Jowett and Ntoumanis reported Cronbach alpha coefficients of 0. The SAM was developed outside the sport psychology literature, but is widely used among athletic populations i. Although the SAM is usually used to measure anticipated stressors, similar to the present study, Gan et al.

Participants completed four challenge questions e. Peacock and Wong reported Cronbach alpha coefficients of 0. Procedure A university department ethics committee granted ethical approval for this study. Following ethical approval, information letters were sent to coaches and athletes.

The information letter included background information on the study, requirements of the participating, and rights of all participants.

If the athletes and their coaches decided to take part in the study, they signed a consent form. Coaches and athlete received an appropriately worded questionnaire pack, which contained the DCI Levesque et al.

In instances where more than one athlete with same coach participated in the study, the coach was required to complete a separate questionnaire pack for each athlete he or she coached, so the information reported related to the specific coach—athlete dyad.

Interpersonal communication and conflict in the coach-athlete relationship.

Data Analysis Preliminary data analysis comprised of screening for outliers, missing data, and univariate normality using descriptive statistics.

Internal consistency was assessed using omega point estimates and bootstrapped confidence intervals, as recommended by Dunn et al. Bivariate correlations were used to explore relationships between coach variables, athlete variables, and coach to athlete variables. For the sake of interpretation, two figures are provided to illustrate model paths; Figure 1 shows only the actor effects and Figure 2 shows only the partner effects.

In practice, all effects are estimated within one saturated model. Actor—Partner Interdependence Mediation Model showing actor effects only. X1, coach positive dyadic coping; X2, coach negative dyadic coping; X3, athlete positive dyadic coping; X4, athlete negative dyadic coping; M1, coach relationship quality; M2, athlete relationship quality; Y1, coach challenge; Y2, coach threat; Y3, athlete challenge; Y4, athlete threat.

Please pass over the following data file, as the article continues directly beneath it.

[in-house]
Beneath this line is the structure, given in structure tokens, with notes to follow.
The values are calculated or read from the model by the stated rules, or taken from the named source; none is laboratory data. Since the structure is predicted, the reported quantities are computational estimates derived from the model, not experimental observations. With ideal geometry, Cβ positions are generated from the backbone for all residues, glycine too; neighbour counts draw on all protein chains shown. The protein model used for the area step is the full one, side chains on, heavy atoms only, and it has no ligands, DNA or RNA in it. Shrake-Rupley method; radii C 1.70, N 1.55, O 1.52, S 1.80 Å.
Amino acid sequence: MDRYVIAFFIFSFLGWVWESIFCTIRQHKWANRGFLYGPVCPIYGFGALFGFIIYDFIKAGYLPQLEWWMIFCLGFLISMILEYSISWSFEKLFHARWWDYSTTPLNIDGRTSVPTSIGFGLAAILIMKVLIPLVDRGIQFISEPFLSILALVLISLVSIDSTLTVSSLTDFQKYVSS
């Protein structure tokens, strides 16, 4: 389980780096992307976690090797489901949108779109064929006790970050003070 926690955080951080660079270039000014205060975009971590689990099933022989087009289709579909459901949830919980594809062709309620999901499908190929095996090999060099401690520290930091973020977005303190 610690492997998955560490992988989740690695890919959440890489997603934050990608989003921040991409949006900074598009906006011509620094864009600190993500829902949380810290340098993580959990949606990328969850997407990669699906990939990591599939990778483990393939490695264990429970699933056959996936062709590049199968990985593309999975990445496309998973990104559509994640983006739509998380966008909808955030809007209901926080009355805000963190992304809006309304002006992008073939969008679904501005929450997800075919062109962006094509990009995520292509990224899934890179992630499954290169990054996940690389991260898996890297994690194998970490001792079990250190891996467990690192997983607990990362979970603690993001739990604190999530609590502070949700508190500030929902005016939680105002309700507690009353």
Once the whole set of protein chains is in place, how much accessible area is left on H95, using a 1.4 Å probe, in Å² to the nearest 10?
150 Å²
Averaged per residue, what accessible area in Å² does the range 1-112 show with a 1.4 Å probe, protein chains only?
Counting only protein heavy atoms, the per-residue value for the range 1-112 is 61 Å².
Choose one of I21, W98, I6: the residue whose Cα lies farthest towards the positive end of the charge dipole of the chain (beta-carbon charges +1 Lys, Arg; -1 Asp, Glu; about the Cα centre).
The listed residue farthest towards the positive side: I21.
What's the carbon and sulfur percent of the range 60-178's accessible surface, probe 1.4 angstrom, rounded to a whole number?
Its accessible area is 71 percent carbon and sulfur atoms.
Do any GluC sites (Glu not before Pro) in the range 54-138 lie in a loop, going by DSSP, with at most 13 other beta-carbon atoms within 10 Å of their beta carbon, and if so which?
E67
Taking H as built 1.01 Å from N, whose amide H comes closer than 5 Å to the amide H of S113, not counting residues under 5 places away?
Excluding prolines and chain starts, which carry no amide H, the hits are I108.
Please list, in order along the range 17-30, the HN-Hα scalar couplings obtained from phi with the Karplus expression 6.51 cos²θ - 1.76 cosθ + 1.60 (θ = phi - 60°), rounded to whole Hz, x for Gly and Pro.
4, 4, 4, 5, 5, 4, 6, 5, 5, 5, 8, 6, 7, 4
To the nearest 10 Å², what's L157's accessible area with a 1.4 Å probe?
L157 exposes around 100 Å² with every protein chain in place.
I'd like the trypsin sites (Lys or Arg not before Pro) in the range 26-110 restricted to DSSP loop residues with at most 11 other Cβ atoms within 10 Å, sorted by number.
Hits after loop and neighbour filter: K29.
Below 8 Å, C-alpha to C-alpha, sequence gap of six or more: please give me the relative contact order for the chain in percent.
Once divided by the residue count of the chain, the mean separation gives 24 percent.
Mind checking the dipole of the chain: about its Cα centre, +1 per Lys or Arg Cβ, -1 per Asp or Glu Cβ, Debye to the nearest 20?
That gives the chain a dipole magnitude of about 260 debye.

E1 to E6, error terms. Actor—Partner Interdependence Mediation Model showing partner effects only. Covariances and error terms excluded to improve clarity. Results Preliminary analyses revealed that less than 0.

On understanding the nature of interpersonal conflict between coaches and athletes.

As departures from multivariate normality were to be addressed in the main, no transformation was required. All subscales comfortably exceeded the generally acceptable level of greater than 0. Descriptive statistics, univariate normality estimates, and omega point estimates with confidence intervals. Correlational Analysis Pearson bivariate correlations between variables were calculated separately for athlete and coach scores Table 2 and for combined coach and athlete scores Table 3.

Challenge was positively associated with positive dyadic coping and relationship quality for both coaches and athletes. Threat was positively associated with negative dyadic coping but negatively associated with positive dyadic coping and relationship quality in both coaches and athletes Table 2.

Bivariate correlations between variables for separate coach and athlete pairings. Bivariate correlations from combined coach—athlete variables and coach to athlete pairings. The correlations presented in Table 3 highlight the relationship between combined coach—athlete variables, in addition to coach and athlete scores.